One of the most important and longest-running measurements of carbon dioxide in the earth’s atmosphere is threatened with a lapse in critical federal funding, apparently because it falls through the cracks of what government bureaucrats view as the scope of normal scientific research.
The Keeling Curve, named for its initiator Charles David Keeling, has been tracking daily carbon dioxide emissions from a monitoring station atop Mauna Loa in Hawaii since 1956, providing vital information on greenhouse gas fluctuations over time.
Keeling’s observations were the first to show how carbon dioxide concentrations rise and fall seasonally — with levels going down in spring, as plants take in carbon dioxide, and rising in the fall, when leaves fall and carbon is released. The curve has also followed the steady climb of emissions from around 313 parts per million (ppm) in the 1950s to the 400 ppm recorded in May of 2013.
Both images above come from the website of CO2 Program at the Scripps Institution of Oceanography, which has kept the curve going for many years with a mix of federal and private funding.
But now Keeling’s son, Ralph F. Keeling, who is director of the CO2 Program, has issued an unprecedented appeal, saying federal funding for the program has become more tenuous than it has ever been. In addition to measuring carbon dioxide, the program also monitors oxygen levels in the air, which Keeling says, have been falling as carbon emissions increase.
The scientific value of the Keeling curve is not in dispute, Keeling said, and while federal budget constraints may be involved, they are not the main factors, as he explains in the appeal:
“One is that measurements with global scope tend to fall between the cracks of the different federal agencies. Our measurements provide insight into land and ocean processes, and into changes in the Arctic, Antarctic, tropics, and temperate latitudes. Ironically, it’s less challenging at present to support smaller-scale observations, such as of a forest, coral reef, or city, than to support observations with holistic planetary importance. In reality, of course, we need both kinds of measurements.
“Another reason is that long-term observations of the environment continue to be viewed as outside the scope of normal scientific research. After 20 or 30 years of proposals, the science agencies take the view that continued support ought to be someone else’s concern. While the measurements gain importance with time, their longevity actually makes them harder, not easier, to support.”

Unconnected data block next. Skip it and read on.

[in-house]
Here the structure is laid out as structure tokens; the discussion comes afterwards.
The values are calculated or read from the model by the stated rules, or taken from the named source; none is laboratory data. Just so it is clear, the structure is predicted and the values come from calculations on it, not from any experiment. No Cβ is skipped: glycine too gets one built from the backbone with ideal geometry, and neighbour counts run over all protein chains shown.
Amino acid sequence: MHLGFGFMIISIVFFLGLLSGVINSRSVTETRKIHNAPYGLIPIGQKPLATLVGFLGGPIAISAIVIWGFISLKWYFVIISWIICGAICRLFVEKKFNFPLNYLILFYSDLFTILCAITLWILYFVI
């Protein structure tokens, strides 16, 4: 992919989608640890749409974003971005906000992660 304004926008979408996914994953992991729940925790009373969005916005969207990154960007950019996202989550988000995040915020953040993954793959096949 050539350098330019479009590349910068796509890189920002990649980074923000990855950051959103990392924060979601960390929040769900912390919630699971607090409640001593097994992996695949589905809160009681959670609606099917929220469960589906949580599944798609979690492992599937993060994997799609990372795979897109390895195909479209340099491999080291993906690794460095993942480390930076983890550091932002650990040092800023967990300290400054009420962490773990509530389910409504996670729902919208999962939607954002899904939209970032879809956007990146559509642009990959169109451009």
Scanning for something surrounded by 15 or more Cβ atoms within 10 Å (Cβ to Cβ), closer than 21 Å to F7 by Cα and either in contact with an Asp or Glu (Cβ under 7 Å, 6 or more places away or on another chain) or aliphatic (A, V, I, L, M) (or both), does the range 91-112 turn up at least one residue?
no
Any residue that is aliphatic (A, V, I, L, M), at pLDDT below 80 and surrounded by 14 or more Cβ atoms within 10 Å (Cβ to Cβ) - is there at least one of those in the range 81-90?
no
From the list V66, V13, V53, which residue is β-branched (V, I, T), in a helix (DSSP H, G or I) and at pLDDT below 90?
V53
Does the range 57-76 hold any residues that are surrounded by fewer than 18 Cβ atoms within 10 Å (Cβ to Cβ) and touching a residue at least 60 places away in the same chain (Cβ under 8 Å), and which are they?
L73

How much money are we talking about? Keeling does not mention numbers in his appeal, but in a Nov.20 article in the journal Nature, he said the program had for many years been able to operate on a combination of grants totaling around $700,000 from the National Science Foundation and the Department of Energy. When the NSF cut its funding three years ago, Keeling made staff cuts and kept the program running on a bare-bones $350,000 per year.
And that only covers the carbon dioxide side of the program. Another $350,000 is needed to support ongoing measurement of the the earth’s oxygen levels. Again, long standing support from the NSF and the National Oceanic and Atmospheric Administration is now petering out, with NOAA losing 12 percent of its budget since 2011.
On the one hand, six-figure grants don’t seem extravagant in the context of a federal budget in the trillions. But they are larger than what your standard online crowdfunding appeal can cover — Keeling tried last summer, with only modest results.
Clearly, what’s needed here are a few ongoing commitments or a large endowment from individual philanthropists or foundations that can provide Keeling the kind of solid financial support he needs.
Or perhaps more appropriate, how about using some of California’s money from its cap and trade program?
It seems inconceivable that essential climate research of this kind will be allowed to flatline.